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Zinfandel

The wine discussed in this post for me represents keeping the love of wine simple. Most of us, most of the time, want wines we don’t need to think too hard about to drink and enjoy. Perhaps too much condescension is leveled against pure enjoyment of a glass of fermented grape juice, whatever its actual quality. I am guilty of cuvée snobbery on occasion, thumbing my nose at perfectly decent wines because… they’re just decent. As if everything in this life needs to be spectacular to satisfy. Too much pretense remains in the wine world. It’s just juice, folks. And with that, I present to you a bottle of fun, fruity simplicity.

Located in California’s Central Coast, Clayhouse Vineyard produces a fine set of delicious reds, but the first wine of theirs I ever tried was the 2005 “Adobe Red.” I was hooked. Fruit-driven but not overly lush, with some tannic backbone giving it a firm feel, and a nice medium finish, my first sip of this blend reminded me why I keep going back to the U.S. and its AVA’s (American Viticultural Areas) – the wines are straightforward and tasty. If you’re really cerebral about your wine, you’ll lay down some handsome dollars to get yours, but folksy wine lovers like myself get by just fine on buying mid-priced American. I like my wines the way I like my trucks: except I don’t like trucks. Simile fail. Anyway, I was hooked on Clayhouse Vineyard from the first sip. And nothing about that has changed from 2005 to 2007.

The 2007 Clayhouse Vineyard “Adobe Red” boasts fruit from their estate Red Cedar vineyard, near Paso Robles (a personal favorite for California AVA’s). As mentioned before, it is a blend of the following grape varietals: 41% Zinfandel, 32% Petit Sirah, 16% Syrah, 5% Malbec, 4% Grenache and 2% Mourvèdre. According to the winemaker, yields were a bit lower in 2007, with small berries, leading to excellent concentration of flavor. All varietals were fermented separately, 15% aged in French and American oak for just over a year, then were blended and bottled in 2009.

What results is a wine that appears vibrant red in the glass. On the nose, I found loads of ripe cherry and plum, a bit jammy but not overwhelmingly so, with some vanilla notes from the oak. The mouthfeel was supple, with good tannic structure, and enough acidity to keep it interesting, showing juicy cherry and blackberry flavors with more vanilla bean and spice. Medium finish; delicious. I would pair the “Adobe Red” with mushroom and cheddar cheeseburgers, strip steaks and scalloped potatoes, or possibly a slice of humble pie. $15.

I just love Zinfandel, as a proper Californian, and frequently linger over both the black pepper raspberry jam of lush Lodi to the anise and blackberry of a Primitivo from Apulia in Italy; whatever Zin my glass holds, my glass is full. So why the total lack of write-ups on here? My camera was never handy; my hand was shaky; my memory gone. Excuses, excuses.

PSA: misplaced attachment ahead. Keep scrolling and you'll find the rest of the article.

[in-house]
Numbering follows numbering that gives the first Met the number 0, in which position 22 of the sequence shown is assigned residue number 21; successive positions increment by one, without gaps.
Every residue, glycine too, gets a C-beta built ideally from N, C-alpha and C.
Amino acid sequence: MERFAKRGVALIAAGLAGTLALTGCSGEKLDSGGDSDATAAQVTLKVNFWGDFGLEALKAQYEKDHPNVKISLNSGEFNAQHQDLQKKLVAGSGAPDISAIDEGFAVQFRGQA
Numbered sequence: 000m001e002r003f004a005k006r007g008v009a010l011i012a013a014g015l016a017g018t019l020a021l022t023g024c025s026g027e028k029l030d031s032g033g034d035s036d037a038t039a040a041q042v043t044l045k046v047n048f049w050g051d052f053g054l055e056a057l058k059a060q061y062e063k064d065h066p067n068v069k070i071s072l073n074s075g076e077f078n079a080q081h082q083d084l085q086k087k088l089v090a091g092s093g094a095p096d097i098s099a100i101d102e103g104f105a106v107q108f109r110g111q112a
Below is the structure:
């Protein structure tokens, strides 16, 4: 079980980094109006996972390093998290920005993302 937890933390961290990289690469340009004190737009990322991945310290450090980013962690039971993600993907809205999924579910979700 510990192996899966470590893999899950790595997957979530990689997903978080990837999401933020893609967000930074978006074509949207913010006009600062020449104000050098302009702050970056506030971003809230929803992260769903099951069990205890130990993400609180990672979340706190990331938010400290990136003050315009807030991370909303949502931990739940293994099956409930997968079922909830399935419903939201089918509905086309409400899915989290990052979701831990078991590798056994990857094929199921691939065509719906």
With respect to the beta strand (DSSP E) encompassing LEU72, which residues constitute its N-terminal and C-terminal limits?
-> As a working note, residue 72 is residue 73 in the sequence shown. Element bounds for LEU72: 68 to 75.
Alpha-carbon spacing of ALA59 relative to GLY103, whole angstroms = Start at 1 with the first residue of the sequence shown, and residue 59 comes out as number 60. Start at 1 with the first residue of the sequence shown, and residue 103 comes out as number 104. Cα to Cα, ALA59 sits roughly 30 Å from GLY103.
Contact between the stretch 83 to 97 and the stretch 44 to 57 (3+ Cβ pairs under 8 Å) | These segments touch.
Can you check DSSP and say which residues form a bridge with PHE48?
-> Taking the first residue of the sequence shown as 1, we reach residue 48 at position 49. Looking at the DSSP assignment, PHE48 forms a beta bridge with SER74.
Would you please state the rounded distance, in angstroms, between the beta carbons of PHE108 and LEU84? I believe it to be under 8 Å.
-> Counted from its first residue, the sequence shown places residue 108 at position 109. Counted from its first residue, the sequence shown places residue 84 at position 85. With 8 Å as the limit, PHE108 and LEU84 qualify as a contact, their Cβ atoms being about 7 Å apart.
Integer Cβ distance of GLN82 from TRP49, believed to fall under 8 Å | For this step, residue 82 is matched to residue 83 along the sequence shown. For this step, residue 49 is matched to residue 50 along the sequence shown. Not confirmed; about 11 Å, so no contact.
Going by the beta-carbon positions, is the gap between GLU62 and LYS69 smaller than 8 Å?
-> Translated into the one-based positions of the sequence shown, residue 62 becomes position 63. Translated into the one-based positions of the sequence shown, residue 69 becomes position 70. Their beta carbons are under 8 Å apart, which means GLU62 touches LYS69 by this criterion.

Whatever the reason, my hiatus ends with this wine, the 2007 Cline Ancient Vines Zinfandel. The soul of California liquified and bottled. Bold claim? I don’t care. Deep inky red with hints of purple in the glass, showing extremely punchy fruit on the nose: juicy raspberries, blackberries, backed by notes of mocha and white pepper, with vanilla and other spicy hints. Nice dose of new American oak in this one. It reveals more ripe dark fruits in the mouth, with big tannins that cloak your teeth; well-balanced, but a bit lush, this wine ambles in a very satisfactory manner to a long finish. Pairs with almost anything red you would put on a grill. $13.


Zinfandel stands alongside Syrah and Cabernet Sauvignon as my red grape of choice. Its flavors range from juicy and bold raspberry fruits to darker fruit accented by leather and black or white pepper. It pairs perfectly with grilled steaks and burgers. Summers in California mean summers filled with barbecue nights and glasses of Zinfandel by the beach, or the pool, or the yard. There is every reason to love this wine. In a very visceral way, Zinfandel symbolizes California for me.

That said, everyone should have the opportunity to try a good one. Lolonis was the first organic producer in the United States; over 50 years ago they were using fully organic farming methods, before the idea was even being described in agriculture journals. The grape berries are hand-picked, and the wines are all handcrafted in keeping with a tradition that started in the 1920’s, and in fact, the Culinary Institute of America uses the Lolonis Zinfandel as the textbook example of what this varietal can achieve.

Forget Ravenswood. Forget Cline. The 2007 Lolonis Zinfandel was, first of all, beautiful in the glass, pure garnet red. Heady aromas of blackberry and dusty leather, with a glorious hint of pepper at the end. In the mouth the wine has bracing acidity, but perfectly balanced to the dark fruit, with just enough oak toast and supple tannin to complete the package. This is wine meant for marbled meat, grilled, seasoned, hearty. The finish was long and glorious. $20.